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"Well sir, it is that you will not leave us
till you hear from——" She hesitated, as if
afraid to say the name, and then added, "the
Rue St. Georges. Will you give me this pledge?"

Now, though this would have been, all things
considered, an arrangement very like to have
lasted my life, I could not help hesitating ere I
assented, not to say that our dear friend of the
Rue St. Georges, whoever he was, might
possibly not concur in all the delusions
indispensable to my happiness. I therefore demurred
that is, in legal acceptance, I deferred assent
as though to say, "We'll see."

"At all events, sir, you'll accompany us to

"You have my pledge to that, madam."

"And meanwhile, sir, you agree with me that
it is better I should continue to behave towards
you with a cold and distant reserve."


"Rarely meeting, seldom or never

"I should say, never, madam; making, in
fact, any communication you may desire to reach
me through the intervention of that young
personI forget her name."

"Miss Herbert, sir."

"Exactly; and who appears gentle and

"She is a gentlewoman by birth, sir," said the
old lady, tetchily.

"I have no doubt of it, madam, or she would
not be found in association with you."

She curtseyed deeply at the compliment, and
I bowed as low, and backing and bowing I
gained the door, dying with eagerness to make
my escape.

"Will you pardon me, sir, if, after all the
agitation of this meeting, I may not feel equal to
appear at dinner to-day?"

"You will charge that young person to give
me news of your health, however," said I,
insinuating that I expected to see Miss Herbert.

"Certainly, sir; and if it be your pleasure
that she should dine with you, to preserve

"You are right, madam; your remark is full
of wisdom. I shall expect to meet her." And
again I bowed low, and ere she recovered from
another reverential curtsey, I had closed the
door behind me, and was half way down stairs.


FROM the tattooed and blue-dyed Briton of
A.D. 45 to the flounced and furbelowed finery of
Charles the Second, Anne, and the Georges;
from that flounced and furbelowed finery to our
own simpler luxury, tailors and seamstresses have
had a long way to go, and a series of tremendous
revolutions to effect. All sorts of interests
have been ruined in the process; all sorts of
trades created only to be destroyed at the next
turn of the wheel: button-makers, fringe-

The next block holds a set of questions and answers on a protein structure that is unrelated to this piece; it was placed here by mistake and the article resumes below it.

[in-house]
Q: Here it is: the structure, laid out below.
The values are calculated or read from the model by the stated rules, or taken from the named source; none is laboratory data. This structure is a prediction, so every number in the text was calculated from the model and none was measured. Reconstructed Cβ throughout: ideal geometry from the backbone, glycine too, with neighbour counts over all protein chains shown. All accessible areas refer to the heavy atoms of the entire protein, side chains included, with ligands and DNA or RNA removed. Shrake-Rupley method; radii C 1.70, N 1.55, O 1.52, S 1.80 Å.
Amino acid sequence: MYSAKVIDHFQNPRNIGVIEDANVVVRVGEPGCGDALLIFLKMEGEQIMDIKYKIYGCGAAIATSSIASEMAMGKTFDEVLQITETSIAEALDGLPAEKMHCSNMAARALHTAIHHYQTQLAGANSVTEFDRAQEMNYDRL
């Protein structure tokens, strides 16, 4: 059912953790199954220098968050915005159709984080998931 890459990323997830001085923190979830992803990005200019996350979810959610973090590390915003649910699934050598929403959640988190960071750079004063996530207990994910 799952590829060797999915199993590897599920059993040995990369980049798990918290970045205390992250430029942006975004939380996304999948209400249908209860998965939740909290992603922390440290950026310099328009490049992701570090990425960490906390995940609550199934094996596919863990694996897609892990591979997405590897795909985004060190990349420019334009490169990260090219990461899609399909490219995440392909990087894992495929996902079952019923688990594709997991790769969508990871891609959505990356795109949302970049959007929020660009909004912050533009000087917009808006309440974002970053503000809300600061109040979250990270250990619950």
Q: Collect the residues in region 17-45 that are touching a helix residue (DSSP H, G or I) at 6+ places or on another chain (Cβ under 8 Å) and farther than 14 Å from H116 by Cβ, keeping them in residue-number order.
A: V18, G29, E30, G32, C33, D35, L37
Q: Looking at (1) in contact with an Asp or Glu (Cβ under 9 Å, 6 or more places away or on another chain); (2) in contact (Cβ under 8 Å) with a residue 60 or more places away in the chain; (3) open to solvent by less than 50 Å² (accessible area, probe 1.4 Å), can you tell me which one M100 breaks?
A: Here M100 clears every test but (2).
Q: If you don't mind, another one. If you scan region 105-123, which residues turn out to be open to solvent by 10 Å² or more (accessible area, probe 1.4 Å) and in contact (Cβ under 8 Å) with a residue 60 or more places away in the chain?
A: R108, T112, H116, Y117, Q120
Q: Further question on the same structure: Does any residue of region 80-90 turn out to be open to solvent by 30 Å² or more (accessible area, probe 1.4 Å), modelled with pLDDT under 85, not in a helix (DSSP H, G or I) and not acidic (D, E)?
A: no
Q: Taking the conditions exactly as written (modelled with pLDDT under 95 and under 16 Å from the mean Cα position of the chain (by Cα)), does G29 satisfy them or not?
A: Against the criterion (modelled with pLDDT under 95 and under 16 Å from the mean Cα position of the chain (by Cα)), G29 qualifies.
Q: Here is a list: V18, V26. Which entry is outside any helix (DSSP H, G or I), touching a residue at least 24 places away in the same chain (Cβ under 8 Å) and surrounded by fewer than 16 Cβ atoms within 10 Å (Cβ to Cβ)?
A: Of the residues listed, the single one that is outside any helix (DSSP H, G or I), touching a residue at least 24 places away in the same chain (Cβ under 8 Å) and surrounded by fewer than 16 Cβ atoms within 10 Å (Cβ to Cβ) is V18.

makers, ribbon-makers, silk weavers, barbers,
boot-makers, spanglers, and bead-makers, have
cried out piteously in turn as the inexorable
course of Fashion swept down their workshops,
and flung their wares to one side, branding
them with that fatal mark "unfashionable,"
which rendered them useless and unsaleable for
ever. But the tailors and the seamstresses,
and that inexorable Fashion, marched on their
appointed way, accompanied by the cries of
hungry children and the ruin of families, which
inaugurated every change that was made. A
pitiful necessity, but one scarcely to be avoided
by any royal enactments, sumptuary laws, or
courtly patronage possible to be given.

Mr. Fairholt tells us in his admirable and
picturesque History of Costume, that the old
Britons were not clothed only in paint
pinpricks, as it has pleased people to say; they
had cloaks and mantles of the skins of beasts
the favourite was that of a brindled or spotted
cow; and after the Phœnicians had been to give
them a few hints, they wove coarse cloths of
wool and flax, which they dyed scarlet, and
purple, and blue, and yellow, but which they
always flung off in battle, and made themselves
a dress by no means to be despised for comfort
and elegance. Full loose braccæ tied round the
ankle with a cord and ending in a kind of fringe
or frill above the foot; a tunic reaching below
the knee, and girt at the waist with a belt; a
long classic-looking mantle, fastened at the neck
or on the shoulder by a massive brooch; a cap
of the true Phrygian cut, and soft shoes or high-
lows of untanned leather, with the woolly side
inward, completed a costume which the Bloomers
of our own time, with more ill-luck than unreason,
unconsciously copied as both graceful and
convenient. In later days a Roman emperor
himself adopted a barbarian fashion of dress, and
wore the caracalla, a tunic like our modern
frock-coat, close fitting, and slit up before and
behind as far as the waist. Aurelius Antoninus,
who had been born in Gaul, where this garment
was of common use, was wise enough to prefer
usefulness to grace, so took to the tunic instead
of the toga, and got the nickname of Caracalla
for his pains; but the Roman people gradually
adopted this distinction as a matter of national
costume, and the nickname and the laughter did
nothing for the old toga-makers. It was a
pity, perhaps, that the fashion had such an evil
patron; but fashions have never been very
regardful of morals in any shape. The Romans
laughed at the British braccæ, and, as all men
follow their leaders, these useful articles of dress
became discarded, to be afterwards replaced by
swathes and bandages, and then by "brech," or
breeches proper, and hose. The ladies wore the
"gwn," whence our modern gown, an upper
tunic, a mantle, and a hood; and at this period
the Anglo-Saxon of the tenth centurythe
British costume was all that could be desired
for grace, chasteness, and simplicity. But it
was not a good working costume. Those long
sleeves and trailing robes, those sweeping folds
and kingly majesty of drapery, did admirably for
show, but not for use; and for this reason we
find the soldiers and husbandmen going back to
less picturesque forms, till long gowns and